Is Feminism in danger from unconscious prejudice in politics?

In the wake of disturbing remarks about women from two prominent men in politics in recent weeks, it is more important than ever that society sends a firm global message about the position of women in our world today. Michelle Obama said it best with “the measure of any society is how it treats its women and girls”. If in 2016, US Presidential candidate Donald Trump can refer to his predatory sexual remarks of women as “Locker Room” talk and Nigerian President Buhari can refer to his wife as “belonging to my kitchen, living room and other rooms” then the pursuit of equal social, political, economic and personal rights for women remains an uphill struggle.

Michelle Obama - known as 'The Closer' - once more captured her audience in a powerful, impassioned campaign speech. (AFP)
Michelle Obama - known as 'The Closer' - once more captured her audience in a powerful, impassioned campaign speech. (AFP)

Prominent men and women in politics have a responsibility to ensure that their words do not have a degenerating assumed or presumed impact on progress. From executive board rooms and businesses to homes, such remarks can have the particularly disturbing effect of perpetuating the disrespect women have endured for centuries and send the wrong message to the corporate and business world as well as the younger generation. Undoubtedly, both Trump and Buhari regret these remarks in light of the backlash from the media and public. While their remarks are by no means indicative of the majority view of men who are offended by their statements, it is my opinion that these remarks suggest an underlying prevalent thinking that is still present in our male dominated world. It represents unconscious prejudice towards women.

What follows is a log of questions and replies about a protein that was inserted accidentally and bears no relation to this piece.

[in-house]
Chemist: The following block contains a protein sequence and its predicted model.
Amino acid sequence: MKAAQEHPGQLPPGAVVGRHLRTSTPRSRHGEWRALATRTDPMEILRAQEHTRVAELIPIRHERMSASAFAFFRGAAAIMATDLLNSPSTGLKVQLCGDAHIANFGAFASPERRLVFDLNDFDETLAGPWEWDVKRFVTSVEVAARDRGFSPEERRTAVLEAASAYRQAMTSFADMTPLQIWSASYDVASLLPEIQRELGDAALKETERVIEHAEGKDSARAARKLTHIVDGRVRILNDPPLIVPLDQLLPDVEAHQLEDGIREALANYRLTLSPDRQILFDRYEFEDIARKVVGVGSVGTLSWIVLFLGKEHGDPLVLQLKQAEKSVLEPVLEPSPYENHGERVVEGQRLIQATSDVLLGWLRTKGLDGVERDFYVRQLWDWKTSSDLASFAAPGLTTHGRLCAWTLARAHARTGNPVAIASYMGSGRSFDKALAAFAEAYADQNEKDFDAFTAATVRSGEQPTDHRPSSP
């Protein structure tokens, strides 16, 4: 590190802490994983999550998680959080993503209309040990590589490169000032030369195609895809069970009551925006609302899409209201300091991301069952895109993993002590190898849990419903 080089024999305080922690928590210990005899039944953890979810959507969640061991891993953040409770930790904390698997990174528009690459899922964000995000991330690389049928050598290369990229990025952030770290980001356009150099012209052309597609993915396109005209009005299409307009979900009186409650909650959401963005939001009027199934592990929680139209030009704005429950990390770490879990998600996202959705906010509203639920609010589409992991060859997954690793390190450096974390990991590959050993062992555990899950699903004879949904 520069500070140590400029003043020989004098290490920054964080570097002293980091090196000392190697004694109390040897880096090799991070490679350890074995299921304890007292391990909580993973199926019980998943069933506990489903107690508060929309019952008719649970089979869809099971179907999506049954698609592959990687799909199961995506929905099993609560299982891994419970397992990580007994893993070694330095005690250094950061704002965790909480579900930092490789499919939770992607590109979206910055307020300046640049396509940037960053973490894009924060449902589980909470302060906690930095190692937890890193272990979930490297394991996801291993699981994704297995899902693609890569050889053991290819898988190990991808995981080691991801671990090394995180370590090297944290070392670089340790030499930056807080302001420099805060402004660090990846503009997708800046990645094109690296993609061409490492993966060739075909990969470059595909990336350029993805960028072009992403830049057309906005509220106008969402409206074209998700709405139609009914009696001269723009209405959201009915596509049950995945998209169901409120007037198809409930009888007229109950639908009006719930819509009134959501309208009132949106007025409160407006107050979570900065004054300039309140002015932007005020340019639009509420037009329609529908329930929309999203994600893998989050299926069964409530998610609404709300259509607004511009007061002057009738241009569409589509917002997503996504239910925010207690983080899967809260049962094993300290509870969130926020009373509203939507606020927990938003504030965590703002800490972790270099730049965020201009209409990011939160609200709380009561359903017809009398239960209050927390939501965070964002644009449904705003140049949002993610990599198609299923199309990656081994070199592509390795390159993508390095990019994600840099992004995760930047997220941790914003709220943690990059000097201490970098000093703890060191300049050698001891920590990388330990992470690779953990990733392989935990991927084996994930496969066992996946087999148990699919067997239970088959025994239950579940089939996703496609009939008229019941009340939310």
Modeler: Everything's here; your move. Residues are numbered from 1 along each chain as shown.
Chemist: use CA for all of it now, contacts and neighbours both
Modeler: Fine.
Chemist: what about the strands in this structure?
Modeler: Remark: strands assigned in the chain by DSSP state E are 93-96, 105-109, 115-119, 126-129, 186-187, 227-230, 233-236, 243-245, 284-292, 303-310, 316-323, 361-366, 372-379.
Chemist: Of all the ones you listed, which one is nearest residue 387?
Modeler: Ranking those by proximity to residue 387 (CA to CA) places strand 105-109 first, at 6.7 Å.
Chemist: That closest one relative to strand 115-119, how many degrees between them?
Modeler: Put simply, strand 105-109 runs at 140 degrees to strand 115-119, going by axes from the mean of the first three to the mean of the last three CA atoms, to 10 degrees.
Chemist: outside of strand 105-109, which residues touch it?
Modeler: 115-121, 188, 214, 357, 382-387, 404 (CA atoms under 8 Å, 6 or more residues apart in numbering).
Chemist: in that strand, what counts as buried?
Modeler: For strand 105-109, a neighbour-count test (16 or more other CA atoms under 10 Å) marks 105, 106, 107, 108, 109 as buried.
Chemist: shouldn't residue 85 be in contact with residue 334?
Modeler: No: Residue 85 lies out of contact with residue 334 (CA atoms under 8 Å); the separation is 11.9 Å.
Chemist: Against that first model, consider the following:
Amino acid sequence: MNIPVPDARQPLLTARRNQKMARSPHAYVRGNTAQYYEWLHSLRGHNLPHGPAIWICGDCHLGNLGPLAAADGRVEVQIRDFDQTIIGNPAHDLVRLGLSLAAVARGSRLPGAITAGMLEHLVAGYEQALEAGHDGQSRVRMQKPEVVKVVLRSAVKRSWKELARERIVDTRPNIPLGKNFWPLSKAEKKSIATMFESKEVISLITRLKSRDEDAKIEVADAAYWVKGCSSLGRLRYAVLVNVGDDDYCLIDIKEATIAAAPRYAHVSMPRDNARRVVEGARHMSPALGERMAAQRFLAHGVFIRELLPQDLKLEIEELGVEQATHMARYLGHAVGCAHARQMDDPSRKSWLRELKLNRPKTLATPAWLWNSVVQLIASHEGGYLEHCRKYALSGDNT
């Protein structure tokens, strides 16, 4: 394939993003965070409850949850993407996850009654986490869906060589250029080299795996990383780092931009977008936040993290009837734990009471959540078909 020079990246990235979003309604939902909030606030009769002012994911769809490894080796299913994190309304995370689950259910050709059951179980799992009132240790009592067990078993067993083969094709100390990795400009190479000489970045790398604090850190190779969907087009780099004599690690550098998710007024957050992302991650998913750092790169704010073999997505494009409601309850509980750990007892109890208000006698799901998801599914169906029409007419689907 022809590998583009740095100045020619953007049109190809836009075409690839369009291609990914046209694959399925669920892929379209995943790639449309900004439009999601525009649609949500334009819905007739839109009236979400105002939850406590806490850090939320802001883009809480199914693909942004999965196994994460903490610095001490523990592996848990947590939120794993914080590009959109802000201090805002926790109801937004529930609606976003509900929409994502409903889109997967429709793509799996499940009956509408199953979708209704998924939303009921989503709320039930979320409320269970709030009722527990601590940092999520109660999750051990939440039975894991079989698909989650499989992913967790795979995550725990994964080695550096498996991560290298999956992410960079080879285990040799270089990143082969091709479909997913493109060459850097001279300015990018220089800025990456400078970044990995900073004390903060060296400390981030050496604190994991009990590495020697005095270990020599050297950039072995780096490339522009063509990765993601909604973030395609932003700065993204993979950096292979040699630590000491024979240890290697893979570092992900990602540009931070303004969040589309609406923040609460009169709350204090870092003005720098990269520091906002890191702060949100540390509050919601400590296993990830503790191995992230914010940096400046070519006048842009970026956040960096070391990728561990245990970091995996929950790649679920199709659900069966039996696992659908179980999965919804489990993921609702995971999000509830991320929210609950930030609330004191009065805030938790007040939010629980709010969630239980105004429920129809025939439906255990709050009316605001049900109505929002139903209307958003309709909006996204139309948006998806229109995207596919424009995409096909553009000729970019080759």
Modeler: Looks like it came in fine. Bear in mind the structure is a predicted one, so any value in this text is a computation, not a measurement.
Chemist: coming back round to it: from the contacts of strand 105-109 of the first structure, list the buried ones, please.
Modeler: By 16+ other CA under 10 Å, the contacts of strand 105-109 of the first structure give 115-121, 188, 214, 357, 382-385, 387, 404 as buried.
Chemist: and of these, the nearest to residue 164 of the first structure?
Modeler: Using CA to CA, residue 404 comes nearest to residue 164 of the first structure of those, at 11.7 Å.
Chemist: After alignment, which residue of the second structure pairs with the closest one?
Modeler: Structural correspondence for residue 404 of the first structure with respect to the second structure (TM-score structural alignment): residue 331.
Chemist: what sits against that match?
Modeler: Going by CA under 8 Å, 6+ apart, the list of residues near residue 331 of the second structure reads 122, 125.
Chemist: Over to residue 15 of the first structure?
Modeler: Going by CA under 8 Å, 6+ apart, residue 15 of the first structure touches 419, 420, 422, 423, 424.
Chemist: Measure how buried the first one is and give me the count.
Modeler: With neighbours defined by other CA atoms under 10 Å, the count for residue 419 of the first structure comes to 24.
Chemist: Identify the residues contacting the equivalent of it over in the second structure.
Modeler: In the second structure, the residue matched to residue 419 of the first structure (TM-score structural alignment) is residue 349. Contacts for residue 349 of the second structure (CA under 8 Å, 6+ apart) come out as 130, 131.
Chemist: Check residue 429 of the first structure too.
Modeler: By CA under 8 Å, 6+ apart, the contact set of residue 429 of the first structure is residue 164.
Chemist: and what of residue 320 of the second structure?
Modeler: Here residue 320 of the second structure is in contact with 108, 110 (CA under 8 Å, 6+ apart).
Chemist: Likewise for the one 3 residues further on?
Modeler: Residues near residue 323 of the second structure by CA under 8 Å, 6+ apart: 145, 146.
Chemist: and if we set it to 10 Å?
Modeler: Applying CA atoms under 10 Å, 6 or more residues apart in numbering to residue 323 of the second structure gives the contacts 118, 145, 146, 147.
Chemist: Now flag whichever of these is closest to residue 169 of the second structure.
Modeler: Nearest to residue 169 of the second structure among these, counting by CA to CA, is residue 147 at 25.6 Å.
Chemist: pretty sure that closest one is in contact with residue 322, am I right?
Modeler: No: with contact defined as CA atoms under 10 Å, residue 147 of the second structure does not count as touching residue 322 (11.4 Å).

There must be a strong and unrelenting message from society that women will no longer be consigned to inferior positions whether at home, in the workplace or any other capacity. The modern woman is the first born of a mobile generation of independent, ambitious and able leaders. We are homemakers, highly driven career professionals, business owners and much more. Women have been doing this for centuries and should be respected and recognised for it.

The fight is not over for the recognition of women as indispensable leaders in the society and this condition of unconscious prejudice has no place in our society today. It is regressive not progressive, disrespectful not respectful and divisive not inclusive. Feminist men should rise up and be outspoken on this issue - don’t just speak, practice what you preach. Demonstrate at home and work that equal rights for all gender is critical for the exponential growth of society.

Society must not be complacent in nipping unconscious prejudice in the bud whether in public or the privacy of our homes. Unconscious prejudice in the minds of men or women is a subtle beast permeating progress like a drifting mist in the calm before the break out of a storm.

Let’s advance forward with one voice.

CONVERSATIONS